or YIMBY Movement: A Flat Earth Society for the 21st Century
Earlier this month, I wrote an op-ed citing two recent analyses — one about new housing construction by neighborhood in New York City, the other about affordable housing prices by neighborhood — which showed that the YIMBY (‘Yes In My Backyard’) theory that simply upzoning to build more housing brings down prices quite simply belied the facts. Who knew that a new, even more detailed analysis would come out just a few days later, even more emphatically showing the same.
Property Shark just released a comprehensive survey of 3rd quarter 2021 housing sales prices across New York City, by neighborhood. The big takeaways: the city’s most expensive neighborhood is the one with the most new housing construction, and every NYC neighborhood with high housing construction (mostly due to upzonings allowing huge amounts of new construction, largely inspired by this theory that more market-rate housing means lower prices for everyone) had extremely high prices as well.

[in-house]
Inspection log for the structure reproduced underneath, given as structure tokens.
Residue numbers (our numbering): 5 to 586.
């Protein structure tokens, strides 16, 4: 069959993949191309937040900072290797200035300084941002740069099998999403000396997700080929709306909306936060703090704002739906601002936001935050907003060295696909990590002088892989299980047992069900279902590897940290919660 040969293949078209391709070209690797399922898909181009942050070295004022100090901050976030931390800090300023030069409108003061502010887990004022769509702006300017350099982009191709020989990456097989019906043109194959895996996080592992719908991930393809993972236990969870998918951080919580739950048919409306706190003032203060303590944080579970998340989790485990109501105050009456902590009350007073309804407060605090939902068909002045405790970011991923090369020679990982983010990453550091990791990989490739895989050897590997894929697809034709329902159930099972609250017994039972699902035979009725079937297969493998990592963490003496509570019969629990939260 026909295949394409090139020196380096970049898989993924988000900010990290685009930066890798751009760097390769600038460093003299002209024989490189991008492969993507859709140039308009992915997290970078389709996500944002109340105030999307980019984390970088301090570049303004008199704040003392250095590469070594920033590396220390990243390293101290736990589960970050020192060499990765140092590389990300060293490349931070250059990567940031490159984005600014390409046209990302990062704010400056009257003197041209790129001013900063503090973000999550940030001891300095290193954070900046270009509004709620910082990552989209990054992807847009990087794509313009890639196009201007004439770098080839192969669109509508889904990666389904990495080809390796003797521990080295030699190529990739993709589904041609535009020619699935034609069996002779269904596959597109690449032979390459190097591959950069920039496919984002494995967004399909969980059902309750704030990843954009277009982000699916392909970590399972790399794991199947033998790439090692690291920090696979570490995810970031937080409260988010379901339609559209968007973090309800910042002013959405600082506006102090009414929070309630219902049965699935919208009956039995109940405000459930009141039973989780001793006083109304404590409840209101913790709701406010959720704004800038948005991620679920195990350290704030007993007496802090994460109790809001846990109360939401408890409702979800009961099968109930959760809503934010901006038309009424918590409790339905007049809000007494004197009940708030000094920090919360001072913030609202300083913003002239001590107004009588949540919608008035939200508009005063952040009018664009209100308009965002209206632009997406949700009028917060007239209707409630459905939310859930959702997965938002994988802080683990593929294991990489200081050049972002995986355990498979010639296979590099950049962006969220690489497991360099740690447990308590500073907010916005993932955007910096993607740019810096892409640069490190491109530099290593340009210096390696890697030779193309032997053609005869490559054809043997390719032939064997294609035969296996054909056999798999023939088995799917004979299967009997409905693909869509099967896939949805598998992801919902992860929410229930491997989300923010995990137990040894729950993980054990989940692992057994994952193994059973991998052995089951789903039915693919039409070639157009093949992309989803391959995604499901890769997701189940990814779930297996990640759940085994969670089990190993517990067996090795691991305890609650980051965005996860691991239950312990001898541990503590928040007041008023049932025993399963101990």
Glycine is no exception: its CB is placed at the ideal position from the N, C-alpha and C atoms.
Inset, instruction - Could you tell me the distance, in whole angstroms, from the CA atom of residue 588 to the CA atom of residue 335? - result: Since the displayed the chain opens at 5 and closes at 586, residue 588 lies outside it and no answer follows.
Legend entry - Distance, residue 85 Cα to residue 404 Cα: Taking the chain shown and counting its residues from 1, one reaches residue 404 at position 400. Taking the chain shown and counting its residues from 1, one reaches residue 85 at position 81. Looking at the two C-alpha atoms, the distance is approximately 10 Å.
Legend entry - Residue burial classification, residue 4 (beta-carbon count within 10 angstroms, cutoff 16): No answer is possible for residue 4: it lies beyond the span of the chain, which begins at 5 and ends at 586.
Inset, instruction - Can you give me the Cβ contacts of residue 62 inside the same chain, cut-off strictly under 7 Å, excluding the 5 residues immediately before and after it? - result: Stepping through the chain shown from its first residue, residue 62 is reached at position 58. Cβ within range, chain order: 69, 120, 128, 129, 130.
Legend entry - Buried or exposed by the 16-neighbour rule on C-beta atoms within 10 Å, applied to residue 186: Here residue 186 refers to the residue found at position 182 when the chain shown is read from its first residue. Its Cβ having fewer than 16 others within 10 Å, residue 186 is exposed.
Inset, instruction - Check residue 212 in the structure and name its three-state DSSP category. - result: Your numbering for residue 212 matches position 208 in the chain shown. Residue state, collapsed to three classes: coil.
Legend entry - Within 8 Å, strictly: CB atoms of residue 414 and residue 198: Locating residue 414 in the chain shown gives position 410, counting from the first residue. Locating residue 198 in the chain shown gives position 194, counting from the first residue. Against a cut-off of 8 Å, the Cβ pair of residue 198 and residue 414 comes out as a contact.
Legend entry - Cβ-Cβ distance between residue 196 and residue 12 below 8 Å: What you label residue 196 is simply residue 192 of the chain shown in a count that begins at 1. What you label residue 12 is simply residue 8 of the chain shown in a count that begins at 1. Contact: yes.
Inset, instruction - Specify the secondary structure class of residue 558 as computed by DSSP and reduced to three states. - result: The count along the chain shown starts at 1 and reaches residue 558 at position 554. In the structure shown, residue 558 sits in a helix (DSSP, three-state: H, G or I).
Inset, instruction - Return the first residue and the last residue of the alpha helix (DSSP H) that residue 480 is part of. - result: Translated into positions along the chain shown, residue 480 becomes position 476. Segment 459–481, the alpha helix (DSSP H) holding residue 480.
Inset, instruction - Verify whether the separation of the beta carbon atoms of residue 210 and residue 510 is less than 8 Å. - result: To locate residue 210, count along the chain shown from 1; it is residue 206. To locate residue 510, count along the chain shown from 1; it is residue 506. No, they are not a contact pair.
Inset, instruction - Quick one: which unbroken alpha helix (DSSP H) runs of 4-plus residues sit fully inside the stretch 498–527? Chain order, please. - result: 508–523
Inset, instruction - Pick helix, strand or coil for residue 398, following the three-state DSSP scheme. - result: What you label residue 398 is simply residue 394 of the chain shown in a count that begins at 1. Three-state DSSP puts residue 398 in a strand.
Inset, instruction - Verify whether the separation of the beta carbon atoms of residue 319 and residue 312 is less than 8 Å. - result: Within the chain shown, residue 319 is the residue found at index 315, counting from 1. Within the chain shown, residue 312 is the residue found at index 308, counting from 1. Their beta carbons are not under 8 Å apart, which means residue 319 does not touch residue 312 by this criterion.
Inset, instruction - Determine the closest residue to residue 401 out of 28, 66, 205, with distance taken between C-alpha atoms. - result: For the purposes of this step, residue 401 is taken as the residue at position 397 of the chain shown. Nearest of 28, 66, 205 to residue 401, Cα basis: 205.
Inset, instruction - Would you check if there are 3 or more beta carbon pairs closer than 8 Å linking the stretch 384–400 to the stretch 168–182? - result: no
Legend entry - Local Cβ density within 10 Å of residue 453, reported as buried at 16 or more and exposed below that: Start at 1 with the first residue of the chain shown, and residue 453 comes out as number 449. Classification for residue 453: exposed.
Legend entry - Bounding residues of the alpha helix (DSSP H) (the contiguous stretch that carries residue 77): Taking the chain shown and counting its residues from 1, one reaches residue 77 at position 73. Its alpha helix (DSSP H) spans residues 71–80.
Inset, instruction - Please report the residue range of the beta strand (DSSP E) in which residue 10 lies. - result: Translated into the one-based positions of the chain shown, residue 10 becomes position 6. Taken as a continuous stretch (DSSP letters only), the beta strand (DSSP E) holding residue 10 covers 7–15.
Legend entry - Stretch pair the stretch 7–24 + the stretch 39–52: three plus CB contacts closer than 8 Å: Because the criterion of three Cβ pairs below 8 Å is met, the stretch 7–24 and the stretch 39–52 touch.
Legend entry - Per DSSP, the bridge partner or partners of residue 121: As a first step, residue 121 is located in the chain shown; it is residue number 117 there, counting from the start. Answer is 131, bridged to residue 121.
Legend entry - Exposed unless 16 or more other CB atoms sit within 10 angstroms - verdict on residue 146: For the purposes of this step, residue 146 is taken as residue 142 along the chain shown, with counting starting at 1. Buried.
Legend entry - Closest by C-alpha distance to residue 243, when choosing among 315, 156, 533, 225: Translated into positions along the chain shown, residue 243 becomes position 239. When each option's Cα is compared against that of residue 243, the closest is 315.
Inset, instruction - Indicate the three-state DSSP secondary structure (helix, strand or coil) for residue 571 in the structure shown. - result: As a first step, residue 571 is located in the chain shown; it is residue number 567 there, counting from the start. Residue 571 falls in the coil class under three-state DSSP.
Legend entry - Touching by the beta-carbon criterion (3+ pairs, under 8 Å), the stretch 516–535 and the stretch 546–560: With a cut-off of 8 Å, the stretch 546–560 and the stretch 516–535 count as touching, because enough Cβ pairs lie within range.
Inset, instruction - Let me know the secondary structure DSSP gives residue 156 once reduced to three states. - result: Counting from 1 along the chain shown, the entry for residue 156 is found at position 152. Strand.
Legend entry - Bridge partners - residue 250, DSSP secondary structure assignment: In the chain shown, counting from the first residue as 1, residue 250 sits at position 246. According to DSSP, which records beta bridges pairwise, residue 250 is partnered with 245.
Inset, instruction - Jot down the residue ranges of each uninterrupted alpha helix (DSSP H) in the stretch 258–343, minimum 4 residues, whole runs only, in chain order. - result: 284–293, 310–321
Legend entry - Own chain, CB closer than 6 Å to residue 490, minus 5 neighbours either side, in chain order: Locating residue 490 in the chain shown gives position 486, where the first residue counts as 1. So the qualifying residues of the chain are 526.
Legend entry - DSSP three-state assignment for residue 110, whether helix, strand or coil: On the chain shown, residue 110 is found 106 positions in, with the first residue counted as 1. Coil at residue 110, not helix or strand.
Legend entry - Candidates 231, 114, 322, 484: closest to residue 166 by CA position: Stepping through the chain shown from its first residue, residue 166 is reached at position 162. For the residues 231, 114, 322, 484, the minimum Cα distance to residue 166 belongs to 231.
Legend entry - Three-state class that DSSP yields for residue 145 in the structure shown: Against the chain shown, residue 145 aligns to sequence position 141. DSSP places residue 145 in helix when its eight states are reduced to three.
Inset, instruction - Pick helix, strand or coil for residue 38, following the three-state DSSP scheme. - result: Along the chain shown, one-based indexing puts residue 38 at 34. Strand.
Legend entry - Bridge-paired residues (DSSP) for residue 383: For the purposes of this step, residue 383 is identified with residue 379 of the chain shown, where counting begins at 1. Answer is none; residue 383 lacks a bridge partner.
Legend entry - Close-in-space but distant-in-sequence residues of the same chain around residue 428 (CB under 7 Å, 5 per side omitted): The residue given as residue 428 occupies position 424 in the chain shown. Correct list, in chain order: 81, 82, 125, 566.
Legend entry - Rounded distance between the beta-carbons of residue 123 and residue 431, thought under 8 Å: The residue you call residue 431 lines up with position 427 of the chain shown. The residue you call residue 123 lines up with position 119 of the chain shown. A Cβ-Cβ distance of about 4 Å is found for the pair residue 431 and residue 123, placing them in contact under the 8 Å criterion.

These YIMBYs have long argued that landmarking or contextual zoning rules — simplistically, the opposite of upzoning, though they allow new development while keeping it in context with its surroundings — forces prices up by not allowing demand to be met. And yet this recent survey shows no such correlation, with prices as high or higher in neighborhoods without such restrictions that are adjacent to those with.